Mixed 3Q Results for Data Center Stocks
October 1st, 2007 By: Rich Miller
Virtualization was hot, while CDNs were not. That was the story for data center stocks in the third quarter of 2007, as VMWare (VMW) and BladeLogic (BLOG) surged higher after their IPOs, while content delivery network specialists Akamai (AKAM) and Limelight Networks (LLNW) took a nasty beating. The data center builders had a mixed performance in the middle, ranging from a three-month gain of 15 percent to a loss of 22 percent in a period in which the Dow rose just 3.63 percent and the NASDAQ was up 3.77 percent.
Here’s a look at the performance of the data center stocks we track in the third quarter of 2007:
VMWare has been a story unto itself, benefiting from the enormous buzz around virtualization as a transformative technology in the enterprise data centers. BladeLogic, which provides data center automation software, got a boost from exceptional timing. The company’s IPO came just days after one of the company’s rivals, Opsware (OPSW), was bought by HP for $1.6 billion.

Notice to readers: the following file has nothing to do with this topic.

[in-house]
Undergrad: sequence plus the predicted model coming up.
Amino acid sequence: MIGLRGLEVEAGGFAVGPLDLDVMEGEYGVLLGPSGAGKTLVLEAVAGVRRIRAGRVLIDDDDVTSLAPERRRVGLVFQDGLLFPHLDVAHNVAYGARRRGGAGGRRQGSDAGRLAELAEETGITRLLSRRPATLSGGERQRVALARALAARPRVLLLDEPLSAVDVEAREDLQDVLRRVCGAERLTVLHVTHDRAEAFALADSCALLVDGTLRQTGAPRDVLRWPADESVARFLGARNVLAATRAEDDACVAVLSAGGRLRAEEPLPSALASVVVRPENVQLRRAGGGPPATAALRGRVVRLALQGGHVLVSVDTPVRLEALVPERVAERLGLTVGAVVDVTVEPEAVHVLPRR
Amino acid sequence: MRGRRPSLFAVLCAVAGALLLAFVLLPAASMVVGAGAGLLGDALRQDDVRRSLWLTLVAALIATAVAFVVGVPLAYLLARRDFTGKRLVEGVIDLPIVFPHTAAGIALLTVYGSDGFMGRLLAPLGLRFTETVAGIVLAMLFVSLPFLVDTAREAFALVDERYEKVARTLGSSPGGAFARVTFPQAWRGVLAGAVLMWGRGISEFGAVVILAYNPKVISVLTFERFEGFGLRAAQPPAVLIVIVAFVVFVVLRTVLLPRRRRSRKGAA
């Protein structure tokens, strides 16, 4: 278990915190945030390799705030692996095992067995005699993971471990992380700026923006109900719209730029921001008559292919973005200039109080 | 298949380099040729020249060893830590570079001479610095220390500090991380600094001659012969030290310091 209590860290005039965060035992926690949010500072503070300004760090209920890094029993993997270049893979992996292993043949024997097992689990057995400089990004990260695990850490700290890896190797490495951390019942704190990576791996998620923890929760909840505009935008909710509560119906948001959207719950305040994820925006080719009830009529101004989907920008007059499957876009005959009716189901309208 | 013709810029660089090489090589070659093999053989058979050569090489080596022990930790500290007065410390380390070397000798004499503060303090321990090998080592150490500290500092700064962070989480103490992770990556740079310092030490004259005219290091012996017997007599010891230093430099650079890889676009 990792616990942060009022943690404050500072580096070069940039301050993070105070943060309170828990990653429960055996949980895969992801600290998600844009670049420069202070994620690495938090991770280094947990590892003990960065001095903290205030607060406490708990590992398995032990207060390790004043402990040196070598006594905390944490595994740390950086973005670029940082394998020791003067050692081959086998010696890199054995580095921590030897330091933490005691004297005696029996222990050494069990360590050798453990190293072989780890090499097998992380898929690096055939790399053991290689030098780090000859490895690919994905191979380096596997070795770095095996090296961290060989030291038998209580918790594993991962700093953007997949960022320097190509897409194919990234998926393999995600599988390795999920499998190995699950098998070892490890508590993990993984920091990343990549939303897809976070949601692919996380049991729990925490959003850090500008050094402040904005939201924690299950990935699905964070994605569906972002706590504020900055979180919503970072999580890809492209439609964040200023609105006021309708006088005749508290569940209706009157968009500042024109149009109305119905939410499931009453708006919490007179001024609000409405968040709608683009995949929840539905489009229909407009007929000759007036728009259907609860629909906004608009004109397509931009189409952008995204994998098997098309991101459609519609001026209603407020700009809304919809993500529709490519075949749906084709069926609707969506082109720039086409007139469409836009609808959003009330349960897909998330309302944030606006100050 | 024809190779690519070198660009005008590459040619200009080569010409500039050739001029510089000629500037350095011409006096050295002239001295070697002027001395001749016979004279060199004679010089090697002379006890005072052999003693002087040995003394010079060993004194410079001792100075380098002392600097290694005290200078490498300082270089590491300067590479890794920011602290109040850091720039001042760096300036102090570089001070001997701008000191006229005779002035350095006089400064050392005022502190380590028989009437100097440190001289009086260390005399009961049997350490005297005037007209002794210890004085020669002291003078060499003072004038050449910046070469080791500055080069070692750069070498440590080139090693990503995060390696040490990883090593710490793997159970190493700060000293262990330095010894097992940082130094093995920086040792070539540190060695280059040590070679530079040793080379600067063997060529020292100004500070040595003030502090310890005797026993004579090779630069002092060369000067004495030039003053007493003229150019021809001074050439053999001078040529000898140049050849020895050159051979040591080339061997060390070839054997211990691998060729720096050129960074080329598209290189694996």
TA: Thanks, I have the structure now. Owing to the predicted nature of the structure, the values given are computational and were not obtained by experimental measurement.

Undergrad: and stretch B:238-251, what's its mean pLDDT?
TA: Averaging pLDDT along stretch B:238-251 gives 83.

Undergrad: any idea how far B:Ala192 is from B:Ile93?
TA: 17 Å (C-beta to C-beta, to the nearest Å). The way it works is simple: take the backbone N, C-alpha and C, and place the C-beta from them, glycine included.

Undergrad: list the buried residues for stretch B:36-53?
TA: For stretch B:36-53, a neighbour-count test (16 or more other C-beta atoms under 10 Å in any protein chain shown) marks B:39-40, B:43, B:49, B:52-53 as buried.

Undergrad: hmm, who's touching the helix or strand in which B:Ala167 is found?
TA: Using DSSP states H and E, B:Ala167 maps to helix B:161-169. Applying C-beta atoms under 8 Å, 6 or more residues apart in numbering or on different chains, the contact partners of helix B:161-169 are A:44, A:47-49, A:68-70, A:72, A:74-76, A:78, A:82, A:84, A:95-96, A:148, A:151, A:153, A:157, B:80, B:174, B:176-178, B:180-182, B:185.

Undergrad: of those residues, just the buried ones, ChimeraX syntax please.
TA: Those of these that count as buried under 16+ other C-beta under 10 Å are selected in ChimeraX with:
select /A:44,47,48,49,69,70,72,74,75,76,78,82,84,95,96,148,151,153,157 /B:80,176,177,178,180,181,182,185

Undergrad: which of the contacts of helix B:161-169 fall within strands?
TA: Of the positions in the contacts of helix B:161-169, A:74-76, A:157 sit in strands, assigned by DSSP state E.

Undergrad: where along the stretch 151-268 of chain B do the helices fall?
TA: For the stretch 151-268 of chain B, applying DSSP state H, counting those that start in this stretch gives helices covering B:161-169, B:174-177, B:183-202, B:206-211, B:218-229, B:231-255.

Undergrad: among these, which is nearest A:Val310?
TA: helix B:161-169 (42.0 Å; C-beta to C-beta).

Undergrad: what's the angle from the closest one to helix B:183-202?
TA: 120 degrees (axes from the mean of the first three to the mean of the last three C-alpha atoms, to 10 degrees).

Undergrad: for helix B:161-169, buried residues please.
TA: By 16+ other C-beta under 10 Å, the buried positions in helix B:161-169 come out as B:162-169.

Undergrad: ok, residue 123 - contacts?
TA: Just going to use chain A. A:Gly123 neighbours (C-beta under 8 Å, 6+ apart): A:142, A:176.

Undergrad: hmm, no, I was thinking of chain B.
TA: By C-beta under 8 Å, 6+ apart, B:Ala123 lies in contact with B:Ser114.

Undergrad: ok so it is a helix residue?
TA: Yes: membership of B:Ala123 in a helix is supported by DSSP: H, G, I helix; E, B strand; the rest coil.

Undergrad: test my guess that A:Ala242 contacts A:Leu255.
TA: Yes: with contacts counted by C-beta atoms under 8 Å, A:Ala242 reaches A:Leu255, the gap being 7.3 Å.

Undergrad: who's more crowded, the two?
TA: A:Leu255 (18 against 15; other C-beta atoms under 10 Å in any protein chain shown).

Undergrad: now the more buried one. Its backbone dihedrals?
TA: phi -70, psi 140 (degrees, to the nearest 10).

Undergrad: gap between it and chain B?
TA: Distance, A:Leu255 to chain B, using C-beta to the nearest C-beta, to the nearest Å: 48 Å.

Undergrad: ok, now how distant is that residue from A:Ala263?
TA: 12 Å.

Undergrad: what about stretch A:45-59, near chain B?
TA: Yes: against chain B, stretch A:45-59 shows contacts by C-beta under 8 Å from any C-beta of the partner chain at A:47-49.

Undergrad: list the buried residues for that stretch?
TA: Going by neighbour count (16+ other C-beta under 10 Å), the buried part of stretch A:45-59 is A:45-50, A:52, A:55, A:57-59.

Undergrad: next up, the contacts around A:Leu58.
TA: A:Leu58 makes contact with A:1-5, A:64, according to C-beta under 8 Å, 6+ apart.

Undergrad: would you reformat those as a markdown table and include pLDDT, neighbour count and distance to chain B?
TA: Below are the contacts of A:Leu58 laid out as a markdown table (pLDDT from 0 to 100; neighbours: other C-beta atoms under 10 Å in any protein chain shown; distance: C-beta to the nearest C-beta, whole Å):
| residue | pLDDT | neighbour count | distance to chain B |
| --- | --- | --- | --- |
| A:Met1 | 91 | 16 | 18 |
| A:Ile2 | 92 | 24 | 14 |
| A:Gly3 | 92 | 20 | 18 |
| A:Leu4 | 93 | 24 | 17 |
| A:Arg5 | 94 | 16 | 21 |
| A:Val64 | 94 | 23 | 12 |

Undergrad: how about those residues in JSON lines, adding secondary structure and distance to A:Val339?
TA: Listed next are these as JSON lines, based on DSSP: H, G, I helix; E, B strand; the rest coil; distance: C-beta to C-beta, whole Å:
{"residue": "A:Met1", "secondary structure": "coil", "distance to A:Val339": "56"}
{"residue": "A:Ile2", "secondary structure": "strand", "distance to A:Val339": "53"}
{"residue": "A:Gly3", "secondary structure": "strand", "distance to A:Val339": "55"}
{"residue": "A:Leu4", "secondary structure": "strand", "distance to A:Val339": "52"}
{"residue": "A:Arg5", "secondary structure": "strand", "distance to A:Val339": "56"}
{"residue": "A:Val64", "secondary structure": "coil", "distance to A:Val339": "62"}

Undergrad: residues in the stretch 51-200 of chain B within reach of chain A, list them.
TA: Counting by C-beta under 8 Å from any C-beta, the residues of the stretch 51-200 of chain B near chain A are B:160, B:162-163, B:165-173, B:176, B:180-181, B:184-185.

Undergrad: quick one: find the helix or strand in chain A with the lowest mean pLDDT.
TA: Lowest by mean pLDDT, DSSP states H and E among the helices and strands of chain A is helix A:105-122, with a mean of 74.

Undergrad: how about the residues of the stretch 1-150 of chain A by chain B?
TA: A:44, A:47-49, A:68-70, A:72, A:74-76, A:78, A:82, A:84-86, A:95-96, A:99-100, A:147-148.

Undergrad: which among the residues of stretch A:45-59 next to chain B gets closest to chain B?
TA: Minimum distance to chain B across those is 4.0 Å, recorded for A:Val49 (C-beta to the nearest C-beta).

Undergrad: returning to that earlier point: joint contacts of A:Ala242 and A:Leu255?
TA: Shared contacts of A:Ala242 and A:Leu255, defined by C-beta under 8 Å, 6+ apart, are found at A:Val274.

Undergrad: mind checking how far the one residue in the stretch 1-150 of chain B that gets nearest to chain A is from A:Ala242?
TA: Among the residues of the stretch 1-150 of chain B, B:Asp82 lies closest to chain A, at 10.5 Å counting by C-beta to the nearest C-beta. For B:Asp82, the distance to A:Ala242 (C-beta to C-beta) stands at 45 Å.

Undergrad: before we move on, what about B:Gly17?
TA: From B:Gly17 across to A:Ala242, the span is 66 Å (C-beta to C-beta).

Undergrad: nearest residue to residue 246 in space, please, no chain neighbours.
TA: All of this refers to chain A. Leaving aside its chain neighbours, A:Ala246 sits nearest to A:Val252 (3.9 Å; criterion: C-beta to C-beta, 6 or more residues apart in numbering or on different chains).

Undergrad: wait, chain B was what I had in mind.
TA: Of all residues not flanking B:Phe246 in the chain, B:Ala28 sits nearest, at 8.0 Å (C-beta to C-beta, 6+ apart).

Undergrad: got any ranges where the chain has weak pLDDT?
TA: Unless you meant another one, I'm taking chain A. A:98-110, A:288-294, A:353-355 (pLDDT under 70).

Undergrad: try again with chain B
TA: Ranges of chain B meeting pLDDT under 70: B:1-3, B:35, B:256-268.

Among data center operators, Navisite (NAVI) and Terremark (TMRK) had the strongest percentage gains in the third quarter. Both companies added revenue through acquisitions, as NaviSite bought netASPx, Alabanza and Jupiter Hosting while Terremark acquired Data Return in May. Rackable (RACK) and Digital Realty (DLR) also beat the Dow, while Internap (INAP), Equinix (EQIX), Switch and Data (SDXC) and Savvis (SVVS) saw their shares lose ground in 3Q. Growing competition in the CDN market has battered the stocks of former high-fliers Akamai and Limelight Networks (which was a hot IPO back in June).
What does the big picture look like for data center stocks for 2007? Here’s a look at cumulative performance for the first three quarters of the year:
For the year to date, Equinix and Digital Realty are beating the Dow, which is up 11.5 percent in 2007. Savvis and Terremark are in the black but trailing the broader market, while Switch and Data is off 4 percent from its IPO in February. Internap and Rackable, which have seen their share prices retreat after strong gains in 2006, join the publicly-held CDNs in the deep red.